If you connect via a port replicator, some models may require driver installation.

If you have elevated rights on your Desktop @ UCL laptop, you can proceed to install the driver yourself.

For users without elevated rights – please contact the IT Services or your local your IT support team, stating the port replicator details along with your contact details and availability.

If you require specific cabling to connect your device to a TV or monitor, please consult the ISD Purchasing team in the first instance. Adapters, connectors and cabling will need to be bought by the member of staff. There is no facility for ordering these smaller items direct from UCL.

Using your broadband service effectively 

Assuming you already have a broadband service of at least 2Mb in your home, we suggest the following steps for optimal use. 

  1. Check your broadband contract for its advertised download speed – all internet service providers now must show a guaranteed speed for their different services. You can check the speed in your house using one of the many broadband speed checkers available on the internet, e.g. https://broadbandtest.which.co.uk/. Run some tests and make sure you are getting the speed you are paying for. If you are not, contact your internet service provider, as they may be able to resolve the issue.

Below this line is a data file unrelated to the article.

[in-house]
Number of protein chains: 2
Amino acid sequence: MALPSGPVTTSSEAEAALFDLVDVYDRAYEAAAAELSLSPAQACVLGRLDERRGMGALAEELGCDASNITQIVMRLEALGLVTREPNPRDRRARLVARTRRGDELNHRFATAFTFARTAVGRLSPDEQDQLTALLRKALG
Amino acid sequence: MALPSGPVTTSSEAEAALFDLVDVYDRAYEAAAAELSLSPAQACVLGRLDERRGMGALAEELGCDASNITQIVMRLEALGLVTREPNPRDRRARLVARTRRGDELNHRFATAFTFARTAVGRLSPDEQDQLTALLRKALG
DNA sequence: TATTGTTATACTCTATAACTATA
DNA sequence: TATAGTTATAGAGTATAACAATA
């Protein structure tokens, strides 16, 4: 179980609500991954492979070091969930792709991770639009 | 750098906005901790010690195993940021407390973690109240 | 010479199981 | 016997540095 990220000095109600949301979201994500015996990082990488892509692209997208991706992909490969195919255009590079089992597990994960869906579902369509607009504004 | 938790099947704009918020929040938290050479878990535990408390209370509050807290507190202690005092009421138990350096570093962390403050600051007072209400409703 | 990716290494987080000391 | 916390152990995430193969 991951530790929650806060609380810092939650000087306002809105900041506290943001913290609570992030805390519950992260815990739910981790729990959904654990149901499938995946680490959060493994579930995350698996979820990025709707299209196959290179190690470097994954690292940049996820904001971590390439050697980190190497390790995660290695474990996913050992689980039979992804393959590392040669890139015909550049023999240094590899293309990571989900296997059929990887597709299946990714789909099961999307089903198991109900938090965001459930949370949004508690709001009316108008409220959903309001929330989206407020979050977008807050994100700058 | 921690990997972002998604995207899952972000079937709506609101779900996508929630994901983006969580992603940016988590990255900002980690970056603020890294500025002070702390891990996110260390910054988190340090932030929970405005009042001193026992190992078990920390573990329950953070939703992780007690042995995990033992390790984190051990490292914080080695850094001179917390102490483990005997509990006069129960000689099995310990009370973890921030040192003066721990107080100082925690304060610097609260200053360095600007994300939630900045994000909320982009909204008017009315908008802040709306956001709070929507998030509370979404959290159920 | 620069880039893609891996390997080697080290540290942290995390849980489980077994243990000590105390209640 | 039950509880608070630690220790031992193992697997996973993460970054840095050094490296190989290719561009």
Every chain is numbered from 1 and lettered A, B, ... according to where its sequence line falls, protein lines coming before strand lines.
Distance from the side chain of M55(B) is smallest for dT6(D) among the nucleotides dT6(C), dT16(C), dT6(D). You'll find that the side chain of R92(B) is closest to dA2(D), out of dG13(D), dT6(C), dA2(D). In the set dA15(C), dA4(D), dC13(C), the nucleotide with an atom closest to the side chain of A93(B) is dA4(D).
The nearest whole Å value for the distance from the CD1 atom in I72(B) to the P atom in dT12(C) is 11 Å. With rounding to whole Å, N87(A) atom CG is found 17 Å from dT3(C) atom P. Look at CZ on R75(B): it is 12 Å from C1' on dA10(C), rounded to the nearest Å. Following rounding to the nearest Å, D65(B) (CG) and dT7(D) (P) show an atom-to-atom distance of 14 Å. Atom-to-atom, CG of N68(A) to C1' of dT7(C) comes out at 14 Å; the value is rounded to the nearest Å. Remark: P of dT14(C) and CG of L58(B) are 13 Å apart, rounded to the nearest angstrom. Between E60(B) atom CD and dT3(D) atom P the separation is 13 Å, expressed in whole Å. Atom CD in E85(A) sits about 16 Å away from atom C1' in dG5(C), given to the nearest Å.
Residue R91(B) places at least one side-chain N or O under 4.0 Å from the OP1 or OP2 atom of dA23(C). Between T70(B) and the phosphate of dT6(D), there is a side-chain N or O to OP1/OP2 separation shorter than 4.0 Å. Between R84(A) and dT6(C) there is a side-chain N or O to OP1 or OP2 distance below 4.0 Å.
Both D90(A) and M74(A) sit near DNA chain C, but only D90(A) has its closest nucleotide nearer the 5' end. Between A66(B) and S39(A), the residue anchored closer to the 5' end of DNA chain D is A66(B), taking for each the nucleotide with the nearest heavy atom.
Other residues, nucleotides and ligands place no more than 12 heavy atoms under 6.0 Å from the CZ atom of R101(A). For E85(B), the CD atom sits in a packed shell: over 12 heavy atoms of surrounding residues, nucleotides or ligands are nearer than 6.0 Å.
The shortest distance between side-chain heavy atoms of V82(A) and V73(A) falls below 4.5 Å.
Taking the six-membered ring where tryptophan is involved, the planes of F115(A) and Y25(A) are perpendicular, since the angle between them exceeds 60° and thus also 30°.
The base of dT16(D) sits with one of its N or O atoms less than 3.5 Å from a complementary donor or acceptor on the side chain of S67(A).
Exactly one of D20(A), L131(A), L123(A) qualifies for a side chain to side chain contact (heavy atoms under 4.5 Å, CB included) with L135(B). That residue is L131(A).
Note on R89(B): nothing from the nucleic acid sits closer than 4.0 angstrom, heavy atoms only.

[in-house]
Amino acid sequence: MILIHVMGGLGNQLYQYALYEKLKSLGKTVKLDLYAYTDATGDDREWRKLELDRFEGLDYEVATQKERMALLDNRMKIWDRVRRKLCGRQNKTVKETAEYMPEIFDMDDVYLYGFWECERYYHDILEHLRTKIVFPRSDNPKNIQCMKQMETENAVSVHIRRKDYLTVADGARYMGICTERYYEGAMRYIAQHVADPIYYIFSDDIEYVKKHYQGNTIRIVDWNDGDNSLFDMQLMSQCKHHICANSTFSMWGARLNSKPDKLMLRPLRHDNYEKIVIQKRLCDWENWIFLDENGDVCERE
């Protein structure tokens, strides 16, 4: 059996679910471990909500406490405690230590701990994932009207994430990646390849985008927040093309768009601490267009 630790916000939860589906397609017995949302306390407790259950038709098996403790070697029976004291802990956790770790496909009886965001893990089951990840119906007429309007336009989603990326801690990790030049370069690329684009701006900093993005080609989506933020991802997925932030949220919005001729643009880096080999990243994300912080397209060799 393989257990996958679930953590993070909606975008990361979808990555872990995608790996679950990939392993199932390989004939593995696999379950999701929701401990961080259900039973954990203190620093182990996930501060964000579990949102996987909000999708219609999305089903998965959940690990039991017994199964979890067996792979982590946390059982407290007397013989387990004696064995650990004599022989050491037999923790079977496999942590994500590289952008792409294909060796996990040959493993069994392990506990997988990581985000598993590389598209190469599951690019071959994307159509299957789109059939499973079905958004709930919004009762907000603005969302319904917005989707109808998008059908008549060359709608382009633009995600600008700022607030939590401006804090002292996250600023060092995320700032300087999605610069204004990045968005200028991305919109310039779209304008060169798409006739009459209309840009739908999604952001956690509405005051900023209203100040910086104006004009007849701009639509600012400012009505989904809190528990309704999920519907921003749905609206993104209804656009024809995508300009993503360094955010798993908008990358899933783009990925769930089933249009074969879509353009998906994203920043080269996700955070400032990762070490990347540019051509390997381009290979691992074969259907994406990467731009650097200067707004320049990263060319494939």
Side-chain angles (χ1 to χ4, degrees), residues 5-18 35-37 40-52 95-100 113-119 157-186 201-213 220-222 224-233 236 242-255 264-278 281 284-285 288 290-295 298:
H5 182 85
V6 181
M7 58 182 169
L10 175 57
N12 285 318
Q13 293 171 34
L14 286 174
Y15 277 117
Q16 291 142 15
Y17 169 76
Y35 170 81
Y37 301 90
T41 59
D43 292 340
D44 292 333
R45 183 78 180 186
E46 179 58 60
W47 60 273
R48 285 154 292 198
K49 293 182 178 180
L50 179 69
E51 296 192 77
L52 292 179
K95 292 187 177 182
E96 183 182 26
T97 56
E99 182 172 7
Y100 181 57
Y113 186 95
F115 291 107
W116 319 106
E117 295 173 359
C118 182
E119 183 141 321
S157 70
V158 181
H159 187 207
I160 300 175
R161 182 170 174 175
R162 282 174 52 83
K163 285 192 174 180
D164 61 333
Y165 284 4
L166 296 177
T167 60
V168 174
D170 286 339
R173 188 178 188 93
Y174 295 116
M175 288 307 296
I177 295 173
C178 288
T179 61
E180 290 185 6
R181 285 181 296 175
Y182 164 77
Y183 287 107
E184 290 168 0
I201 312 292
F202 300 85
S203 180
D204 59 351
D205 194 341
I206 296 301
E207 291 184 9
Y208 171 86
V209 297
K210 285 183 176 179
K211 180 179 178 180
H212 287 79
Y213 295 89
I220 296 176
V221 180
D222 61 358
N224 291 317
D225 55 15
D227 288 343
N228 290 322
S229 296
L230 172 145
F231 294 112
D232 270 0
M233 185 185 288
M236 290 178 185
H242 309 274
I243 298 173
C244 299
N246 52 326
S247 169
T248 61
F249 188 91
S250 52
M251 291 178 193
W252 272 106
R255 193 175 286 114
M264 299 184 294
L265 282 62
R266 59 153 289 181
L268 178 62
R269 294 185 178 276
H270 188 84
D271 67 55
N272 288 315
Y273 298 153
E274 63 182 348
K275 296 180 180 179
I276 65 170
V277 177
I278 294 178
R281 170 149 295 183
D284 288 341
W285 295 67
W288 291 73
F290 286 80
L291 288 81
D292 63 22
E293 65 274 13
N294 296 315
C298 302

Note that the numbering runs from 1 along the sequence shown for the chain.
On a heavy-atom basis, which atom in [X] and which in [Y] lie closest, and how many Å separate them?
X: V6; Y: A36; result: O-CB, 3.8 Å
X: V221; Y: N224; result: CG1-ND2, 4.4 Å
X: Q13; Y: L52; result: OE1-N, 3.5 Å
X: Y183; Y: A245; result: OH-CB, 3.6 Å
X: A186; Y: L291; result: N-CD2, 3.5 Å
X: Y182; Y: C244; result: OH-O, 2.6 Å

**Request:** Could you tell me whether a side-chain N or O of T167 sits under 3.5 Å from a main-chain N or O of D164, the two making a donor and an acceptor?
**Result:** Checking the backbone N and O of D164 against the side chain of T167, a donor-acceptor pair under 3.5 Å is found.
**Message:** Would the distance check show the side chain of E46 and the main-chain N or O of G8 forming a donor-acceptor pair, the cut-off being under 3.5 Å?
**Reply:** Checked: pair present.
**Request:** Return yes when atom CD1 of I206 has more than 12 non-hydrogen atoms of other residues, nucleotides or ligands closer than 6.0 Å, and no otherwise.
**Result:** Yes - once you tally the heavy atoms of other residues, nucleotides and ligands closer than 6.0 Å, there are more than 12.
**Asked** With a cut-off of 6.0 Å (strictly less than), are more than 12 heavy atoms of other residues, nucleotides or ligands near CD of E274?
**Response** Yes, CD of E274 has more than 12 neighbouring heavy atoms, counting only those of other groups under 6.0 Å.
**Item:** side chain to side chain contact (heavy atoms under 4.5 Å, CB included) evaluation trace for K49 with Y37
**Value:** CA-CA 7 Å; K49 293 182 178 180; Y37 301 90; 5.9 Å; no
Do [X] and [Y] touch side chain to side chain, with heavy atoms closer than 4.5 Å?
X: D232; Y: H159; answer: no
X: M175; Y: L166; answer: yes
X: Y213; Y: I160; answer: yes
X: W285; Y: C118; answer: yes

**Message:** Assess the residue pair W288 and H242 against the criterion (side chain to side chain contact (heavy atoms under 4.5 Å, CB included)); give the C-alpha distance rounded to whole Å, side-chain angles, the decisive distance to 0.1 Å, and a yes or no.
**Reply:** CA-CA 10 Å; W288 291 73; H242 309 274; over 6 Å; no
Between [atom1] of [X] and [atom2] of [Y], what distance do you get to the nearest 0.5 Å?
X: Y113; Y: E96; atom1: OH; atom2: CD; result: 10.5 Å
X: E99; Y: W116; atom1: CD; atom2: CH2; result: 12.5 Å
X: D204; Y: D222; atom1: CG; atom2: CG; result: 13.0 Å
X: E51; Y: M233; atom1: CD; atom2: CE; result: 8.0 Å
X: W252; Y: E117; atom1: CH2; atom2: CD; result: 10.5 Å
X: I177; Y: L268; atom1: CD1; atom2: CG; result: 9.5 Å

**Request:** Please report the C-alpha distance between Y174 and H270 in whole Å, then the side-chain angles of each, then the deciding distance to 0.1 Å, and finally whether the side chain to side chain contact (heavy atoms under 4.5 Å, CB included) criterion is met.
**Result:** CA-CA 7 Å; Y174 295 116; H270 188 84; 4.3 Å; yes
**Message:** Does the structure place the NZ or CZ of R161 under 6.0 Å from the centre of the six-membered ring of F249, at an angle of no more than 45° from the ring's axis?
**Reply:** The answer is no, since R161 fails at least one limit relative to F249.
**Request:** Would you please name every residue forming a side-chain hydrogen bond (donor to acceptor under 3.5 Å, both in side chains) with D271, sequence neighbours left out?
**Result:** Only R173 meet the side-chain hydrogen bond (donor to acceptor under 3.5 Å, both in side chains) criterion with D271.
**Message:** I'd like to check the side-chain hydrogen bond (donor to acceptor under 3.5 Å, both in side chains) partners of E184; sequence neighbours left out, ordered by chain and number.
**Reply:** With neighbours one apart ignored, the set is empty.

2. Router location and connection – think about where the router is located in relation to your laptop or home computer. Assuming you are connecting wirelessly, try and minimise the distance between the two and avoid thick walls between the router and your computer where possible; you don’t need to sit right next to the router, but being in the same room is always better than being two rooms’ away. If you have the appropriate ethernet cable to connect directly to the router and you can do so without creating a trip hazard, this will often be a faster, more stable connection than via Wi-Fi, as ethernet cables are less affected by interference. If you need to work in a more remote location in your home it may be worth considering buying a Wi-Fi extender, which can help to boost the signal. 
  3. Reducing interference – Wi-Fi signals can be subject to interference from a number of sources including neighbouring Wi-Fi transmissions and even using microwave ovens or other electrical equipment nearby. 
  4. Other users of the broadband connection – while you may not be able to reduce broadband use by your neighbours, once the signal enters your home it is worth checking to see what other devices you have connected that may be sharing the connection. If somebody is streaming video or playing an online game on the same connection while you work, this may affect your computer’s internet connection. 

If you followed the steps above and your connection is still poor, then also consider the following: 

  • Use 4G from your phone – you may be able to tether your phone as a Wi-Fi hotspot to your computer. In certain locations 4G coverage may be better than fixed line broadband. However, make sure you don’t go over your allocated limits for data usage or you may incur significant costs.
  • Reduce the bandwidth of the applications you are using – if you are struggling to maintain a working connection then switching from video to audio conferencing will significantly reduce your data requirements. Also, turn off other services that may be hogging the connection. Turn on your radio or watch broadcast TV rather than stream music or video whenever possible. If you have to stream video, can you reduce the resolution? Reducing from 4K to HD, or HD to SD is about a 75% bandwidth saving each time.